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Vrae en Antwoorde

  • Do you only work with children?
    I work with clients of all ages (children and adults) and have 20 years of experience with especially children of all ages (I have worked at both primary and high schools). Currently, I find myself in a position where I focus a lot on young children (preschool to gr. 3). However, this does not exclude counselling with other age groups.
  • What is attachment and how does my parenting style affect it?
    Bonding or attachment mainly refers to the relationship between a child (baby) and his/her primary caregiver. A person's attachment style develops during the first three years of life and refers to how the person perceives the outside world regarding safety. When a secure attachment forms, the child will feel safe enough to venture out and explore the world. A lack of secure attachment will influence behaviour and may result in separation anxiety. The amount of consistent, predictable nurturing and security that a parent provides during this critical period of the child's first three years of life profoundly influences the young child's mind and behaviour. A consistent and appropriate response to a child's needs is paramount which explains my complete disregard for sleep training (letting a child cry until he or she falls asleep). If there is severe neglect or abuse during these first three years of life, the child may develop Reactive Attachment Disorder (RAD). Sometimes circumstances beyond the control of good parents also negatively affect bonding (e.x., premature birth, early recurrent need for hospitalisation for either parent or child, trauma in the family, etc.). If you realise that bonding issues may be at the heart of your baby, toddler, or child's problematic behaviour, contact a professional as soon as possible. v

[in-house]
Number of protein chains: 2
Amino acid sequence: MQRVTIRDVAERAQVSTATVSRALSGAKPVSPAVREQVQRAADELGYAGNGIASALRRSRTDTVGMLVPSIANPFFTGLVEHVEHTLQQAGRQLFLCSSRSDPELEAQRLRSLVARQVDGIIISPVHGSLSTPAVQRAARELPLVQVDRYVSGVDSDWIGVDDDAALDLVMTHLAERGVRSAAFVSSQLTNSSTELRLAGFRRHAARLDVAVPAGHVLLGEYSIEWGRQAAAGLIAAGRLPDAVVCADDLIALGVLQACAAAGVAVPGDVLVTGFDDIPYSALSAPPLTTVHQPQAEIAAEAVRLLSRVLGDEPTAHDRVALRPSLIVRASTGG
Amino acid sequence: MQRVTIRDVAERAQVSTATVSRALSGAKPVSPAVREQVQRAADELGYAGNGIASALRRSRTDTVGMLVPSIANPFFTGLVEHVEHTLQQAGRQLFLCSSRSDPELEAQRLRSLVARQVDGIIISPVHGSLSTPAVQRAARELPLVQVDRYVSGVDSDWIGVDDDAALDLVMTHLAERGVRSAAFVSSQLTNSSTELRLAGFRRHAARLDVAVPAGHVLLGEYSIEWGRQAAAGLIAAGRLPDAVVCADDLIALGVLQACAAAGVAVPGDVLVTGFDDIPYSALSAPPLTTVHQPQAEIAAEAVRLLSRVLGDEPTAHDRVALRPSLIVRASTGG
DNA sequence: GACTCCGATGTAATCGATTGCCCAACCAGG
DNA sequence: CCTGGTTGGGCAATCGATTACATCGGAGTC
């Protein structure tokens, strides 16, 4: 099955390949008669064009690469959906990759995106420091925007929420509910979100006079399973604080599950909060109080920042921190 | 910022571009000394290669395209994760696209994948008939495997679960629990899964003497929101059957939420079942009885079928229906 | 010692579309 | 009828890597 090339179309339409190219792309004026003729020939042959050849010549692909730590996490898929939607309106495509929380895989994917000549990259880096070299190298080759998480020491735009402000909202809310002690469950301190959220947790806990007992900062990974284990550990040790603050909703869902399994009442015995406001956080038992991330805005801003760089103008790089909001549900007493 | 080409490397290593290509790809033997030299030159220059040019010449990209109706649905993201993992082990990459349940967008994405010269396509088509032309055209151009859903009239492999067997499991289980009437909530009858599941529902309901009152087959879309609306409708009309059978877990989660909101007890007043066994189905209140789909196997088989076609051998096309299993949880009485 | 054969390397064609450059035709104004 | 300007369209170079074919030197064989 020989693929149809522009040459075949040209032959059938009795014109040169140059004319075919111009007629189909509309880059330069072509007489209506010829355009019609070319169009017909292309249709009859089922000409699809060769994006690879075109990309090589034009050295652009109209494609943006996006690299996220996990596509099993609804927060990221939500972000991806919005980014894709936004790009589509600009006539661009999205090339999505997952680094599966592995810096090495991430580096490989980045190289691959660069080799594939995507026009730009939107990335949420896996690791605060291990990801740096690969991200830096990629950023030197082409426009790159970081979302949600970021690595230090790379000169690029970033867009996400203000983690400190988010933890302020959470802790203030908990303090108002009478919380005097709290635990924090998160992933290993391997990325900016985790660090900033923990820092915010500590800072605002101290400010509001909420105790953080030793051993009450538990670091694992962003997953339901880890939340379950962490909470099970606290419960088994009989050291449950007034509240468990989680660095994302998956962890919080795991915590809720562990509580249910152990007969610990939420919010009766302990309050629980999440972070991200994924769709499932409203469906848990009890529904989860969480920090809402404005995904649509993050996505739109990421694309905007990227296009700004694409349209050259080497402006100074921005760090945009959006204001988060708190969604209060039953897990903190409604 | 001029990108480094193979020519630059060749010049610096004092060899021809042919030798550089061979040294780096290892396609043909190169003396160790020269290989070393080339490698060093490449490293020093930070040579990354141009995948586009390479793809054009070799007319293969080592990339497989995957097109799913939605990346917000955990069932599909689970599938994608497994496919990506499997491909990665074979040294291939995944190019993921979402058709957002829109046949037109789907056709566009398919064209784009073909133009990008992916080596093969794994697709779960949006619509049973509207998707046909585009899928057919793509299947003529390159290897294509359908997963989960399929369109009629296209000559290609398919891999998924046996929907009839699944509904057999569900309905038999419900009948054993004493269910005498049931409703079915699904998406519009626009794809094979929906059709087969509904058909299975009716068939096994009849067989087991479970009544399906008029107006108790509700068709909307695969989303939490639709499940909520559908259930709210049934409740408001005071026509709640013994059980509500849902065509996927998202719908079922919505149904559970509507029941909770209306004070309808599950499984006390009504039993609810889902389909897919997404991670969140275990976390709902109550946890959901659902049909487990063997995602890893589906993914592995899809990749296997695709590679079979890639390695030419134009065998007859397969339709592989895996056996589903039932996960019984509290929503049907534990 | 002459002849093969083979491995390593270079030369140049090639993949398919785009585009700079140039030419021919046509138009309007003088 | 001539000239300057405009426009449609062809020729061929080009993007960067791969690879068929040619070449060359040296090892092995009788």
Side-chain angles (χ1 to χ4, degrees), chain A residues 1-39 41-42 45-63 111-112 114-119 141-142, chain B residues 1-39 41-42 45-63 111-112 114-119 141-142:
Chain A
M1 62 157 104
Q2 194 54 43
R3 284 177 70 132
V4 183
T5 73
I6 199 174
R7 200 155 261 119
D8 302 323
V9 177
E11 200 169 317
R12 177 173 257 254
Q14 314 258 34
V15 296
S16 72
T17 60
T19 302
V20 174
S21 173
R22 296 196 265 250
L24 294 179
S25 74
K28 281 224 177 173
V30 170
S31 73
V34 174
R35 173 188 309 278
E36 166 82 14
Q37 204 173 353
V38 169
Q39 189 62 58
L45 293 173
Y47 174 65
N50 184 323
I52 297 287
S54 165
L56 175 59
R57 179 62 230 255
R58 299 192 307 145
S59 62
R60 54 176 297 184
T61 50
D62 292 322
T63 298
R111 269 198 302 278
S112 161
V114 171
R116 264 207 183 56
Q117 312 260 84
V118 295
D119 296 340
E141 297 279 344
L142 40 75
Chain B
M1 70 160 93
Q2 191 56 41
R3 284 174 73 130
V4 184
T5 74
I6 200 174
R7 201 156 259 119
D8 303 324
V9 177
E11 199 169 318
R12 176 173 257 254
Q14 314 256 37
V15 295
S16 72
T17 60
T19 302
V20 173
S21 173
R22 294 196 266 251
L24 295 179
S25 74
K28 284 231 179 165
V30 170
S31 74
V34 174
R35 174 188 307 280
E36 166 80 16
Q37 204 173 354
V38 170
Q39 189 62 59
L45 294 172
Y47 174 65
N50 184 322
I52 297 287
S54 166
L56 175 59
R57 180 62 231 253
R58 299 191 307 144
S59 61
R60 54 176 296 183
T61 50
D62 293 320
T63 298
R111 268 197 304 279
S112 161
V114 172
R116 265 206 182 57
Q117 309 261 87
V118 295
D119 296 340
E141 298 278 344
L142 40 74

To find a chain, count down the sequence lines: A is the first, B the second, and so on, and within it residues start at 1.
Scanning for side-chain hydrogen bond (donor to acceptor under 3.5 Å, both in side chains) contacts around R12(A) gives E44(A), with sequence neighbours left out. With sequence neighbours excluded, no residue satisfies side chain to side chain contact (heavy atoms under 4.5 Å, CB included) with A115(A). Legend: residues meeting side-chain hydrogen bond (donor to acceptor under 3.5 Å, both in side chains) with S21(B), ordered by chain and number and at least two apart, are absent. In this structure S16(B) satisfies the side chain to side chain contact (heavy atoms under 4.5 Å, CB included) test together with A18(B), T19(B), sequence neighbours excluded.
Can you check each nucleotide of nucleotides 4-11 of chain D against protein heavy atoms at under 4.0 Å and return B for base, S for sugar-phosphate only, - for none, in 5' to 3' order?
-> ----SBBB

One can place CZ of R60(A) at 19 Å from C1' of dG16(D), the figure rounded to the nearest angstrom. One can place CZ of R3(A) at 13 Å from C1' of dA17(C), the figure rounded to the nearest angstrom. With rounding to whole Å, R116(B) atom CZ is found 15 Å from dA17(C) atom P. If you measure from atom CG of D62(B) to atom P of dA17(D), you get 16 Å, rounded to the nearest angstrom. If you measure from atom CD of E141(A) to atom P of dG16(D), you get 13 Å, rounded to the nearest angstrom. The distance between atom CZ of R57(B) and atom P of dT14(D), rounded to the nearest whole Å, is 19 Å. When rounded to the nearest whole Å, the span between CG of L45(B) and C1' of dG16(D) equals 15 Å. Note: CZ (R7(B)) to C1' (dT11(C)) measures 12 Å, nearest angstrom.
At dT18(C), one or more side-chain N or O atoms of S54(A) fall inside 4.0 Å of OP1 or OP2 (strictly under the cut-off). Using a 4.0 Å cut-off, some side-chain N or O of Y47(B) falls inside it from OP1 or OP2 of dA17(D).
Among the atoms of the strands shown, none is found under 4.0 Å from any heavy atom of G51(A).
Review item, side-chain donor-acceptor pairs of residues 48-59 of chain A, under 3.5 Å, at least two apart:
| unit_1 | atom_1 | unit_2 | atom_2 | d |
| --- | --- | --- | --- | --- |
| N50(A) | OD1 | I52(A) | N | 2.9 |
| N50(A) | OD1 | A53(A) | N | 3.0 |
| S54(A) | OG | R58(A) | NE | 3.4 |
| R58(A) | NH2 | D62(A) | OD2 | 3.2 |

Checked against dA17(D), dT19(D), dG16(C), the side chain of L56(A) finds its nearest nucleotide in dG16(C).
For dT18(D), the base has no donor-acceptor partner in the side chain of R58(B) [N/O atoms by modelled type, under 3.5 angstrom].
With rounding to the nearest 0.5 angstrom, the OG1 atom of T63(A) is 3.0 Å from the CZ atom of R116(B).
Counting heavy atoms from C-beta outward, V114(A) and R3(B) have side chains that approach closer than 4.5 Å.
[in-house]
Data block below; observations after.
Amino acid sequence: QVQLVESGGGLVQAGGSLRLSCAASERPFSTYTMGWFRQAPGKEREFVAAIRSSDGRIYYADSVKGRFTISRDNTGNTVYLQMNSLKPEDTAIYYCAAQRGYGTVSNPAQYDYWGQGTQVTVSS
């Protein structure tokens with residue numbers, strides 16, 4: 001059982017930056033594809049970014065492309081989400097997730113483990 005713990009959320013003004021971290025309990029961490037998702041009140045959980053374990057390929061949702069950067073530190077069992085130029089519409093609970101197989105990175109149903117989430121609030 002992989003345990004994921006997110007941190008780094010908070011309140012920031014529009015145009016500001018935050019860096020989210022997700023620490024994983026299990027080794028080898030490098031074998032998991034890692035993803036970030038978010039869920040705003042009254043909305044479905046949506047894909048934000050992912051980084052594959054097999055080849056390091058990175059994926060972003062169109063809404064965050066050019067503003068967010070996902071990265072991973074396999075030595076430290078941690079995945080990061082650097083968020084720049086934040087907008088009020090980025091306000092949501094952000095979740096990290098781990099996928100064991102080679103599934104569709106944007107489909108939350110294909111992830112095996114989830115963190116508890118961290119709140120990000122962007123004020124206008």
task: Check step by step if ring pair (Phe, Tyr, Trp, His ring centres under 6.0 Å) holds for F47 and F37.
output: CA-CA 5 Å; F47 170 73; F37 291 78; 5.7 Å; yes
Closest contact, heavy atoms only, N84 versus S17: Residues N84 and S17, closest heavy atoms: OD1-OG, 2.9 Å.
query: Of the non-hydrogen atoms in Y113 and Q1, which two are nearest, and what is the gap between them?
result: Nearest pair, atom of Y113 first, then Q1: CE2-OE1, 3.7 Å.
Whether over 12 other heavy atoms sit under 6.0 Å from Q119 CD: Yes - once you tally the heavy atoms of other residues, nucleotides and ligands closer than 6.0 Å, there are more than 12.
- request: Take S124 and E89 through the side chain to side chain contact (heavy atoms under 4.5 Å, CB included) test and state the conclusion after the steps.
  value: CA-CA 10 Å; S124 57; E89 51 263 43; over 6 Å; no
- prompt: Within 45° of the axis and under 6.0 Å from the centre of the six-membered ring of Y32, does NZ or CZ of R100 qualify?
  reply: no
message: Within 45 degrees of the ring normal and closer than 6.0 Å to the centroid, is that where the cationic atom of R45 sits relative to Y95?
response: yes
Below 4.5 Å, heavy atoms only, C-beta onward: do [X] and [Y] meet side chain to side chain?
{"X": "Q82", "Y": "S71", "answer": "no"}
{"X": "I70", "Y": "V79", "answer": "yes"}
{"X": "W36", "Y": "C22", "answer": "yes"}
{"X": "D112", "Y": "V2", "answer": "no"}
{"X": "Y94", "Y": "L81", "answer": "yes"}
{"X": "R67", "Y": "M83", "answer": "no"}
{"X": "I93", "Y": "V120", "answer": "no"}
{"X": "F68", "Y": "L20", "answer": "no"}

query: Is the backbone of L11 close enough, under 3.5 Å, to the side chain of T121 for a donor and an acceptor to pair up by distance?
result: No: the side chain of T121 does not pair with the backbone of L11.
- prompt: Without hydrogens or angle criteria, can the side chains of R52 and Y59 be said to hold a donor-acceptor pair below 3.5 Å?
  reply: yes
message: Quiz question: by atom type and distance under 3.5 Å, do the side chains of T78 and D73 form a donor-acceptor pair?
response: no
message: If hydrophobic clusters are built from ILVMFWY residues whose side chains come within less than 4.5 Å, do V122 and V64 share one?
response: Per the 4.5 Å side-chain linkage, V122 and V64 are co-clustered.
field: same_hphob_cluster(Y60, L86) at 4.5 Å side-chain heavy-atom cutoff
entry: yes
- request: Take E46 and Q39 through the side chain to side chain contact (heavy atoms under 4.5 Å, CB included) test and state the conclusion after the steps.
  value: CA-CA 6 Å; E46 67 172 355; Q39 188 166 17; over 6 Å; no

• Is separation anxiety normal and why does my young baby or toddler have separation anxiety?